JOHN KISEMBO retired in 2001 as Inspector
General of Police after the Justice Sebutinde probe in the force.
He has since become deputy director of the Nakawa-based United Nations
African Institute for Prevention of Crime and Treatment of Offenders
(UNAFRI). As he told Richard M. Kavuma, the police
has had to work hard to win the confidence of President Museveni.
Joining the Police
I joined in March 1980. When we left Makerere in 1979, the Public
Service Commission was paralysed. There were jobs but some of the
commissioners had run away… some of us had just one interview;
others had not even had one when the commissioners fled.
With friends we used to meet somewhere on Kimathi Avenue to chat
and plan what to do next. Then there was this appeal by the government,
asking particularly graduates to join the Police Force.
We sat interviews and 30 of us were selected to join as cadet assistant
superintendents of police, the first group of graduate cadet police
Becoming police chief
When the NRA/M took power, I was a regional officer in Mbarara
and shortly thereafter, I was transferred to Kampala Special Branch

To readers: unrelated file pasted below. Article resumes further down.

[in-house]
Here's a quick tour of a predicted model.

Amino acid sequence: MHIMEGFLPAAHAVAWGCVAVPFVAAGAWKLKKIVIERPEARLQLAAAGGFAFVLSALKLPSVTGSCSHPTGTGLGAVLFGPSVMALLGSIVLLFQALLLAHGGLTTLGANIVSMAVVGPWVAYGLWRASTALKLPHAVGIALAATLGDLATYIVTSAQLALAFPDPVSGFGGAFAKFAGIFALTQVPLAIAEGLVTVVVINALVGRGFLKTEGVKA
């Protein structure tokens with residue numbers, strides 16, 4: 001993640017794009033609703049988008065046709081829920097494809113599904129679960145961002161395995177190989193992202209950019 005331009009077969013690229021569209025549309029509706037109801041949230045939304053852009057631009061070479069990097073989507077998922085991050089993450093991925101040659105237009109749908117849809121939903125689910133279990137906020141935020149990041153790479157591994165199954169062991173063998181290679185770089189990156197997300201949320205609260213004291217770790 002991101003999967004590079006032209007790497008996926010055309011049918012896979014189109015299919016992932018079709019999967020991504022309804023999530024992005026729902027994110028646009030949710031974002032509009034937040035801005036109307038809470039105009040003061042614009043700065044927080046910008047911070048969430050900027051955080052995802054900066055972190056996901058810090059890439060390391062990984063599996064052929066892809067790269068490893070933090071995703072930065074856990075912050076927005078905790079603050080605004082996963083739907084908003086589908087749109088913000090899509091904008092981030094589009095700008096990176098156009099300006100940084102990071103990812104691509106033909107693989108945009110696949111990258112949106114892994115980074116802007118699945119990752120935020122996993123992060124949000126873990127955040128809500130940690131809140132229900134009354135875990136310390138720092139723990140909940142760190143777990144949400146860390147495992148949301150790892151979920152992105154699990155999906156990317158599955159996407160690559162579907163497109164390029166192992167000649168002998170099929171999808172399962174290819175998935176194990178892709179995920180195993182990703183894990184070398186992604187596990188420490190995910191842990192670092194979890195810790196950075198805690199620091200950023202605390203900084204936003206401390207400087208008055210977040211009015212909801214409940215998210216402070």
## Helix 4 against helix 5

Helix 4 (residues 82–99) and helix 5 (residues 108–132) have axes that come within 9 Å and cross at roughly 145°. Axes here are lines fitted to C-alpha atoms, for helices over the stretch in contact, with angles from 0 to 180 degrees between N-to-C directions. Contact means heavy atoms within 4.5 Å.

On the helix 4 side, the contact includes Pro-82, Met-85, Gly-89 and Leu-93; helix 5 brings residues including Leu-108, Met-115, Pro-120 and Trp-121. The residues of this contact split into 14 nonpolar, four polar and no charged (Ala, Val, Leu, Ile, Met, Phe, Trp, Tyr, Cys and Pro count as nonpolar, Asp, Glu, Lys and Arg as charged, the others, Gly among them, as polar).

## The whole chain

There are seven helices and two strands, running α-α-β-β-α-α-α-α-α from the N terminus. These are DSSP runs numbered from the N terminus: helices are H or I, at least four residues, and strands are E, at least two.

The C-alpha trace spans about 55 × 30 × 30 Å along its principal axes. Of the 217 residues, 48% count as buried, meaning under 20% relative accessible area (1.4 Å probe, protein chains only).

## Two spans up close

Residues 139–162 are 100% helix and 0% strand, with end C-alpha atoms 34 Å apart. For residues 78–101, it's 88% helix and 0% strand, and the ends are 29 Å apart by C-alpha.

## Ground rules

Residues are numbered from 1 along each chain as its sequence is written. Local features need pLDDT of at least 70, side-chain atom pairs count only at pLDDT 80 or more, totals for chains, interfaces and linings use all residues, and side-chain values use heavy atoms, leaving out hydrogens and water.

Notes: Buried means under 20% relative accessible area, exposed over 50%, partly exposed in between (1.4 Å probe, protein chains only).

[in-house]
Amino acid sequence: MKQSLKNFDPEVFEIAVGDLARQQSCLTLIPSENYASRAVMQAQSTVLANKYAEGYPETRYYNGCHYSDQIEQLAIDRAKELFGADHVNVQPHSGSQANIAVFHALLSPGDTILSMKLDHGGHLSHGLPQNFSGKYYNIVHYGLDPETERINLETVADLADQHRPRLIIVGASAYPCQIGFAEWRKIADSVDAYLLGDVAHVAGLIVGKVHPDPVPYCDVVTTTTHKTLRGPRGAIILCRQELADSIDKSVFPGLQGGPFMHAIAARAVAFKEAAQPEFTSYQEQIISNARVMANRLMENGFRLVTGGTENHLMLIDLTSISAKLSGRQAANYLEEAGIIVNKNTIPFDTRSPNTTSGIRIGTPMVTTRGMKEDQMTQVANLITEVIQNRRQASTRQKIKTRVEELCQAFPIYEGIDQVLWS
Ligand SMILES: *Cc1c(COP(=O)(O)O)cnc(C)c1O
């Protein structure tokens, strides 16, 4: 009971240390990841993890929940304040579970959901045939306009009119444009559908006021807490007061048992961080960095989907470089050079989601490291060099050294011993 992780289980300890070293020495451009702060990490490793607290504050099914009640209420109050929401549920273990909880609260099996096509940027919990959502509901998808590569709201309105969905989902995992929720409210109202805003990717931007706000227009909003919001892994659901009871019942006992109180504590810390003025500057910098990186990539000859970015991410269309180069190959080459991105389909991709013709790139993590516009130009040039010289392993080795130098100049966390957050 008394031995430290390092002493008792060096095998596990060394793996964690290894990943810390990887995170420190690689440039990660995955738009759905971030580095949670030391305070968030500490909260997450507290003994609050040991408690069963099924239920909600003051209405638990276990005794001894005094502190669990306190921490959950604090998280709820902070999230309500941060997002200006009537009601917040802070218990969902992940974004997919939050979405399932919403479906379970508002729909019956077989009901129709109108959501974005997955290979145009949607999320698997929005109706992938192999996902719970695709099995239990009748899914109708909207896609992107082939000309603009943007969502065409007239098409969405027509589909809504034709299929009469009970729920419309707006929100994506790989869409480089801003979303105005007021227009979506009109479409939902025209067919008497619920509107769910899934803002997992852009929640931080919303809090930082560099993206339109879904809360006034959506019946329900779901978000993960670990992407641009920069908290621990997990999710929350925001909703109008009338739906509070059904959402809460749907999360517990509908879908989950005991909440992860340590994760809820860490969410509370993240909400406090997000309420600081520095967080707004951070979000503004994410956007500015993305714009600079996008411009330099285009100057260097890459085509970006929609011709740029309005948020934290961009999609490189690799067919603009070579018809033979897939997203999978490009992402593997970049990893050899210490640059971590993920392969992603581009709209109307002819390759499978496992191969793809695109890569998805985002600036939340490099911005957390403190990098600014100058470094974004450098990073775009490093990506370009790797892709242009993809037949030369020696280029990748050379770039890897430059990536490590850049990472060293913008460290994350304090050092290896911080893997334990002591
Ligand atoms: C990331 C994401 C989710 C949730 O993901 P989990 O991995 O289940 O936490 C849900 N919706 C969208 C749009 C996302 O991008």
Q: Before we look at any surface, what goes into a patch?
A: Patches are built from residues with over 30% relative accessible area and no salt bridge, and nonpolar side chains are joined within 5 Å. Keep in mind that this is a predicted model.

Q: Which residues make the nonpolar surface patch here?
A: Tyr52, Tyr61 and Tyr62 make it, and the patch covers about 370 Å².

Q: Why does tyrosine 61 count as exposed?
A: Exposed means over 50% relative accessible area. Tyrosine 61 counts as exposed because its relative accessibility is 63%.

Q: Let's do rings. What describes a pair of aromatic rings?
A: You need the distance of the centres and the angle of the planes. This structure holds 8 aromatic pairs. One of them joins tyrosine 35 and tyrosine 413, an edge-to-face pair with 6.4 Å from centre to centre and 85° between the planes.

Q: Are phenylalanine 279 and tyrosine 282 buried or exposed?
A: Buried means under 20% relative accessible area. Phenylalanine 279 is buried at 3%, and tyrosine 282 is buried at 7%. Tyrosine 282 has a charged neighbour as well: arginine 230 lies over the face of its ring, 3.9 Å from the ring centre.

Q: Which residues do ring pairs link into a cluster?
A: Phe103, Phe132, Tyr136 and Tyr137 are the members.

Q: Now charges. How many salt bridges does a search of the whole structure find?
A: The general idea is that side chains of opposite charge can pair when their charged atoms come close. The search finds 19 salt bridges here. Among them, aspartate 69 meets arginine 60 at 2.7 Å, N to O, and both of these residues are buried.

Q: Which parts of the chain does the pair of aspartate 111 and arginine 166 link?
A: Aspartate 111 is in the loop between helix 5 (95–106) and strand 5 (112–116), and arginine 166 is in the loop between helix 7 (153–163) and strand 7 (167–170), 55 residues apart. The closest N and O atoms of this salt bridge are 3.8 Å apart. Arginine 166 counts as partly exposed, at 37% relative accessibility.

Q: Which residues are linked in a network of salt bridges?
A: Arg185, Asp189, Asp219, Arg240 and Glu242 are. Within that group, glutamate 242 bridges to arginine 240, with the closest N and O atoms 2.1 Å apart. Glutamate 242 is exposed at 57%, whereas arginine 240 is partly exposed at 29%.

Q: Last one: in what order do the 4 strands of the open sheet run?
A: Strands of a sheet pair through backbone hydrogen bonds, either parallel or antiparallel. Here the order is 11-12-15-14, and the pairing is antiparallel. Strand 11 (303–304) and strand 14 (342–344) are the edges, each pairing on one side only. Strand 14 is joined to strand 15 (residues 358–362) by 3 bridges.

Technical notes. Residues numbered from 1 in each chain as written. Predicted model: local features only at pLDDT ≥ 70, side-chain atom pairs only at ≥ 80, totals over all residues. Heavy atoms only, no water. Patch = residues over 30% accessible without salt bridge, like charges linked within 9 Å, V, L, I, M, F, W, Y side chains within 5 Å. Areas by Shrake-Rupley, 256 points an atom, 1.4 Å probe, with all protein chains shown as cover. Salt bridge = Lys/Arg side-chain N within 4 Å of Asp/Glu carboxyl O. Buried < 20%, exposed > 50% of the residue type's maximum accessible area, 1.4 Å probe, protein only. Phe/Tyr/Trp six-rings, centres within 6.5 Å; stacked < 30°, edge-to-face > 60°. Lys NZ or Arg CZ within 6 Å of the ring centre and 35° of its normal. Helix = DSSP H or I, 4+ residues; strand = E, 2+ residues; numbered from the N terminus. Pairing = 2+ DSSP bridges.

I was sent to head the Protective Security section. It provided
escorts to VIPs, covered national and international functions, and
frequently I was able to see the president at close quarters, but
we were never talking as such.
I became IGP in 1999; I had been deputy Inspector General since
1992 and I would have been surprised if anyone below me had been
appointed. It was on a Saturday and the Minister of Internal Affairs
at the time, Tom Butime, called me to say that ‘I have been
instructed to appoint you acting Inspector General of Police’.
I went to State House, among other things, to thank him for the
confidence he had put in me. During that time, we had occasions
to brief the president on the situation of the nation. We also got
summons after key incidents.
That was also the time of political campaigns for the 2001 elections.
We had very many meetings to discuss what we intended to do to ensure
security and to answer the numerous complaints that were sent to
His strong points… his concern for the wellbeing of the common
man, what he called my wananchi viz-a-viz the policing. I also found
he had command of facts and detail when given right information.
I must say he was a tough client. He always wanted facts. And over
time we discovered … some people did not understand policing.
Everybody thought they could police. As a result, the President